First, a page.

Welcome to Our Solution
We at www.ChargersStadium.com are 100% Lighting Bolt Chargers fans. We are totally independent of the Chargers and any of their organizations. However, as we want to work with both the team and the city, we invite the Chargers, owners, coaches and players alike, and all other San Diego citizens, to join with us in working out a solution together which will work to the benefit of all the people (local fans who are the taxpayers) of San Diego, large and small businesses impacted directly and indirectly by the Chargers, the Mayor, the City Council, and the fans of the Chargers worldwide.
The Chargers and Padres (as well as the other San Diego university, college, and high school sports teams) have always been part of the "common community ground" that we have all shared together in San Diego. Most of us, when we get together, begin with our common enjoyment of our teams, "breaking the ice" with our takes on the Chargers, Padres, Aztecs, and other favorite teams, and then we get on with the rest of our stories about other things we have to do (work, family, projects, neighborhood, etc., whatever it may be.
The Padres will soon open their own new stadium. What about the Chargers? We at www.chargersstadium.com believe an answer satisfactory to all is possible. There are two approaches: (1) build a new stadium or (2) renovate further Qualcomm Stadium at Jack Murphy Sports Complex, formerly the San Diego Jack Murphy Stadium.
We at www.ChargersStadium.com are answering the Mayor's call for creative solutions to the Chargers issue: keeping them in San Diego and doing so with a stadium solution that satisfies both the team and the City without requiring new tax dollars.
QUITE SIMPLY: WE DON'T WANT TO LOSE THE CHARGERS. But as Bob Dylan sang, "The times, they are a changin'." Even so, we don't have to lose them if we all work together to make it work.
The Chargers have NOT changed. Football has NOT changed. The enjoyment and community camaraderie we get has NOT changed. The many common community and business and personal benefits we get have NOT changed. BUT! THE FINANCIAL ENVIRONMENT and related to that, the THE PHYSICAL PLAYING FIELDS (now called "venues"), HAVE changed. For a crisp analysis of the situation that best explains why cities like San Diego are at risk of losing our team see the cover story on the financial environment of the NFL and the crucial role played by the stadiums, in the September 20, 1999 Forbes Magazine.
If we want to keep the Chargers, we have to adjust to the new reality that professional sports is now both big business and big entertainment.
BUT! It can still be a happy public-private partnership, just as the one which developed Qualcomm Stadium at Jack Murphy Sports Complex, formerly the San Diego Jack Murphy Stadium. We can develop a workable model for the Chargers, either for a new stadium or to renovate Qualcomm Stadium, without having to raise any new taxes.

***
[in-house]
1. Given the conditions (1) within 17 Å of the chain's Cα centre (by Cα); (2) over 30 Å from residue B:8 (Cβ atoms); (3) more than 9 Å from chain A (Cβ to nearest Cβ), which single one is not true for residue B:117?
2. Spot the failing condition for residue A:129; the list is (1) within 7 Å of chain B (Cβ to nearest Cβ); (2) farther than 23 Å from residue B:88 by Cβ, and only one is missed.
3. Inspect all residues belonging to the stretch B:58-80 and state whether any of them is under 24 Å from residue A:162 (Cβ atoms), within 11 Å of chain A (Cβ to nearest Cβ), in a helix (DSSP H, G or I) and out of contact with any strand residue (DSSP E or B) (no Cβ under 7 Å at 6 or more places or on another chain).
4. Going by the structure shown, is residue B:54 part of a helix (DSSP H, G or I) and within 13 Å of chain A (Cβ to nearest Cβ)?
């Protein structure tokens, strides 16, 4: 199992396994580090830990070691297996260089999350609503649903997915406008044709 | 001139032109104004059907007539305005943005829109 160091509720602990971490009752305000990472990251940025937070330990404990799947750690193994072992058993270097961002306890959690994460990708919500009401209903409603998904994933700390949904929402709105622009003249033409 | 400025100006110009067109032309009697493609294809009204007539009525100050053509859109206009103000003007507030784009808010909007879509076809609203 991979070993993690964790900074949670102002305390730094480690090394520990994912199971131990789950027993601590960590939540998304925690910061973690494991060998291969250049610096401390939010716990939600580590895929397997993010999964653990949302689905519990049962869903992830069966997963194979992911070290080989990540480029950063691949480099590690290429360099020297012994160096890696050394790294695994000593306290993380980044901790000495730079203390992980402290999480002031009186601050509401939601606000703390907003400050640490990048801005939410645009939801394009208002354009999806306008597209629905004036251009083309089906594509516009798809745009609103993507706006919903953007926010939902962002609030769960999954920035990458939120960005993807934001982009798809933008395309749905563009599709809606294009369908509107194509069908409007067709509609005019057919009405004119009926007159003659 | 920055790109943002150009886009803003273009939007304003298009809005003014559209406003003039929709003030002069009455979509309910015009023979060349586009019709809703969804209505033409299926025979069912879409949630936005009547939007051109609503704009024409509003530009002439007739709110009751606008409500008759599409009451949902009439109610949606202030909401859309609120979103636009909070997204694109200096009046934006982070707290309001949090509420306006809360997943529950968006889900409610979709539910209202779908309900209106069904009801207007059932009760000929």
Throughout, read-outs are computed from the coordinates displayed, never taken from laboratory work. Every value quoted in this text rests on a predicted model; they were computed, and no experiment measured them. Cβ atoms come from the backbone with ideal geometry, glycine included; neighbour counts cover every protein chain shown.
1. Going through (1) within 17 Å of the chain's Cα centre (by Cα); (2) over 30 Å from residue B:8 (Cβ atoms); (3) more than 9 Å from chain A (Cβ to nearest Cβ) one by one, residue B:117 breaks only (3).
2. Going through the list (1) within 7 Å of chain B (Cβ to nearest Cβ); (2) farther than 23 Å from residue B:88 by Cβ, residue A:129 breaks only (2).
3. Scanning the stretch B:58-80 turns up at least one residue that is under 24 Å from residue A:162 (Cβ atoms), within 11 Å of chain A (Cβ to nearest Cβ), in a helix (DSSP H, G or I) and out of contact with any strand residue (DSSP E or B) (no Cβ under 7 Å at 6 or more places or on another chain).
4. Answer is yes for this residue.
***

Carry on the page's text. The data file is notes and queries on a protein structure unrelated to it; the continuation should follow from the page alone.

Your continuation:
We want to have a great season every year. Both national magazines and our own local newspapers have underscored the fact that our current stadium situation limits the Chargers' ability to do two critical things, FIRST, run the business franchise profitably, and SECOND, field a competitive team -- the kind of team our fans demand and Dean Spanos is committed to putting on the field. And in San Diego, we have the quality of life many players would like to enjoy for themselves and their families.
But the fact remains that the business of professional football is changing, and, as stated by the NFL and every team in the NFL, teams need stadiums configured to enable them to keep pace with the rest of the league. Without either a new stadium or additional renovations to the current stadium in order to facilitate additional revenue sources other teams enjoy, that gap will get wider every year. Soon, the Chargers will not be able to generate the revenues needed to operate the team in San Diego. We don't want Los Angeles to get our team.
The Chargers are fortunate to play in a financially healthy league with no labor problems, a league that works to ensure smaller-market teams like the Chargers have a chance to compete. And although the bulk of shared revenues come from national broadcasting rights, and each NFL team gets the same amount each year, additional revenues are needed to keep pace with the escalating operating costs, which can only be achieved with a stadium that enable than new revenue, either by renovating existing stadiums or building new ones. The shared revenue scheme has not leveled the playing field. The larger markets have built stadiums which can generate home town revenues for the team. San Diego does not have that. To field any team let alone the Chargers, teams have to have stadiums configured to enable that to happen. To return to the glory days of Air Coryell and Dan Fouts, we need to replace or renovate the stadium so the Chargers can stay in San Diego and compete.